“In a little while,” she replied, finally relinquishing her position from the doorway. “Let me change first.”   The door lagged for a second, as if giving her a moment to be certain of the decision to walk inside. Then it shut behind her, securely.

“Good idea,” still admiring the bottle as he set it down. “My shirt is soaked. Do you mind if I shower first?” Without waiting for an answer, he walked into the bathroom.

Shaila sat down at the dining table and stared into the lacquered table, unable to see her face. Her countenance had been replaced by the portrait of a newlywed; a woman wrapped in all the elegance India had to offer. The red and white sari draped over her head exposed only the luster of dark lashes and ample lips. Her thick black hair, for most of her life cut just below the ears, was grown long for the occasion and pulled into a low bun just below the nape of her neck. Carefully arranged ringlets swept over her eyebrows and gave the demure suggestion of innocence.   With one pull of a pin, she unraveled the bun that had taken an hour to wrap, and ironed the ringlets with her palms until not one flirtatious curve was left.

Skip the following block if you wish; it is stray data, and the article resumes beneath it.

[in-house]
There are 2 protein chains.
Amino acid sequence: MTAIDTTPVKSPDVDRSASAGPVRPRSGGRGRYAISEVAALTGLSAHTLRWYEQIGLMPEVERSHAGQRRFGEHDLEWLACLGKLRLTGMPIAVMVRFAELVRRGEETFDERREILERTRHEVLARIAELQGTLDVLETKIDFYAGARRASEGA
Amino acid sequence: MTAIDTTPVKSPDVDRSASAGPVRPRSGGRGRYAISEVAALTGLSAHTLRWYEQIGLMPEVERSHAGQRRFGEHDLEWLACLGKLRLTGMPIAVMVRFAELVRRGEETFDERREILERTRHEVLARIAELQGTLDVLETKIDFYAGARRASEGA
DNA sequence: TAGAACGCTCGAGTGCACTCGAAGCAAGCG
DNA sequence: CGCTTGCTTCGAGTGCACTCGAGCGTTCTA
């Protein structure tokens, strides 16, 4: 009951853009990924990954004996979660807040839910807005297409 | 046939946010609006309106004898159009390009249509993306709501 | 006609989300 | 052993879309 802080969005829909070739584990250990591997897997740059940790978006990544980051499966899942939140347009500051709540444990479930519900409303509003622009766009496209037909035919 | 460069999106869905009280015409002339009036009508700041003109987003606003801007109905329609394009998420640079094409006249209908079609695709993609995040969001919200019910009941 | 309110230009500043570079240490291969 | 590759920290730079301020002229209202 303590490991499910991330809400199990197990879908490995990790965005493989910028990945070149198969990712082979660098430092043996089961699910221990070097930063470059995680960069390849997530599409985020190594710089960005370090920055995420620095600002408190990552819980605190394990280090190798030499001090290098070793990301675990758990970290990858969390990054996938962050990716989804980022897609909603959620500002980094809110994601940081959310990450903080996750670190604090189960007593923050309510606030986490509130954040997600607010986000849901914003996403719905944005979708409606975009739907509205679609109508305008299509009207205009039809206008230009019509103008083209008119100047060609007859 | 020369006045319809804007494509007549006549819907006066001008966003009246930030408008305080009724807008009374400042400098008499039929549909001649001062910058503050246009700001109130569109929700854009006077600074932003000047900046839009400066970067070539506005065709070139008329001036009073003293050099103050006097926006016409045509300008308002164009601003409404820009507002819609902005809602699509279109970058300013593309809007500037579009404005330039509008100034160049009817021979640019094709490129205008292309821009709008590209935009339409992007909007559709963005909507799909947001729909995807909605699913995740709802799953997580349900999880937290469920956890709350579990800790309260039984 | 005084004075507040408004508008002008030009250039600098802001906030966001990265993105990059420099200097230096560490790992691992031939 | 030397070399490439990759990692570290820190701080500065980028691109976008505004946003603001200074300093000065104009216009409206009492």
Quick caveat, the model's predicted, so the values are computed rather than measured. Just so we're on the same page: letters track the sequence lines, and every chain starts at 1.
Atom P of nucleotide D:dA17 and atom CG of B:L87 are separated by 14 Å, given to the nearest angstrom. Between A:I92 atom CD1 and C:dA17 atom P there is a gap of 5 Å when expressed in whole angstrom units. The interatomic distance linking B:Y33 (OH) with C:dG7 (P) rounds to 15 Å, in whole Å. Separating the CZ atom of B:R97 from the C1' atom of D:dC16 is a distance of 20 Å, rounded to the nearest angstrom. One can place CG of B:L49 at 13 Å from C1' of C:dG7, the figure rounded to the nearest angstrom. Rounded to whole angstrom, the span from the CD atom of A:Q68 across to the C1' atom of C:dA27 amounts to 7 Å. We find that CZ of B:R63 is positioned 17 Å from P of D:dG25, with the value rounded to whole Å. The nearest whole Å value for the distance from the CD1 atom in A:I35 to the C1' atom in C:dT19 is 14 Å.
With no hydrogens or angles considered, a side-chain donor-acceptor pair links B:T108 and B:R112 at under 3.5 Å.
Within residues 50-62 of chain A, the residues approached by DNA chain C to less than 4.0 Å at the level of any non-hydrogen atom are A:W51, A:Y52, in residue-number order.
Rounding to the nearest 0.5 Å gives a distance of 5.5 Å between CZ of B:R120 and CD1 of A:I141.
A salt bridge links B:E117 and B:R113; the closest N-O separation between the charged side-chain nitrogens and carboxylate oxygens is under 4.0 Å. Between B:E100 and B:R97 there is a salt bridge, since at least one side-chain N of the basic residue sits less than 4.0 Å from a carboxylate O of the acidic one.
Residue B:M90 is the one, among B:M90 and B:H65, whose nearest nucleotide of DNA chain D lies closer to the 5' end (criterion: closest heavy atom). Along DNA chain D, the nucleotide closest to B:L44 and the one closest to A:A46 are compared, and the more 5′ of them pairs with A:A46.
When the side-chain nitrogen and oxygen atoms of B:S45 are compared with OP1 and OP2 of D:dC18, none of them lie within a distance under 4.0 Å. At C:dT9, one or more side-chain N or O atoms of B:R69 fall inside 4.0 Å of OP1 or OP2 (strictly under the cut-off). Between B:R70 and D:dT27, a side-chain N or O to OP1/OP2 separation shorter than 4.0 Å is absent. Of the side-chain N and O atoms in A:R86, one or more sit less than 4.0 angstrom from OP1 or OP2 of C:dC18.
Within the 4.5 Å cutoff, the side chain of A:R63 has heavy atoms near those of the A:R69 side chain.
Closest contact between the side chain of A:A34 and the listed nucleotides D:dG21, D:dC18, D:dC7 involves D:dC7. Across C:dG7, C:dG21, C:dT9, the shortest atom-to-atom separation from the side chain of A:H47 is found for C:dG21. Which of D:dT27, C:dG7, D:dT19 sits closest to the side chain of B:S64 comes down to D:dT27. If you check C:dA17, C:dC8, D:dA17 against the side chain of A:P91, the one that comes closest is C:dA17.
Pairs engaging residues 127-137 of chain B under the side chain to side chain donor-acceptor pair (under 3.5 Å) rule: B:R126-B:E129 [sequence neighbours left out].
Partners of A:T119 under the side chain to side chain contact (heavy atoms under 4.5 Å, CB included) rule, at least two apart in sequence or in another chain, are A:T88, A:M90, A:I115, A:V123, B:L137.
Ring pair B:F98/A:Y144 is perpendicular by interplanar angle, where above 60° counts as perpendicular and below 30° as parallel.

From the bathroom she heard the sound of Ravi reciting material for his dental school final exam next week, the reason their honeymoon was a weekend at The Lovely Hotel.   Her disappointment had virtually passed. In college she backpacked with friends through Europe and only two summers ago she had gone on a safari in Tanzania.   But while she had initially imagined that she and Ravi would have sailed from one Greek isle to another or hiked the trail to Macchu Picchu, Ravi’s allergies made it impossible to travel far. She was married now and understood that this yielded a new life of compromise—a simple, relaxing weekend without the hassles of delayed airplanes, lost luggage, or uncomfortable accommodations was probably fitting.

One by one, Shaila removed the pieces of wedding jewelry bought during a trip to India taken especially for the wedding. She had never worn more than a pair of small silver hoop earrings before and the nearly ten pounds of gold weighed on her frame. The extra weight had made it difficult for her to circle the fire four times during the ceremony and her body sighed with relief as each piece was removed.   The two silver and gold-plated rings slid easily off her middle and forefinger, leaving only the wedding band on her hand. The diamond was almost unnoticeable, she thought, feeling cheated and yet relieved. She rubbed her arms with soap and water to remove the arm bracelets nearly glued to her skin. With a quick tug she took all twenty off at once. She then unfastened the gold anklets adorned with little bells that had pinched at her heels during the first dance. As a child she would wear her mother’s pair at every opportunity, even to perform menial chores, just to hear them clink while she dusted or swept.   But as she grew older, to her mother’s disappointment, she refused to wear them even to Indian dances and celebrations. The chimes had grown into a nuisance; she found them unnerving, as if they were intended to announce her arrival before she was prepared.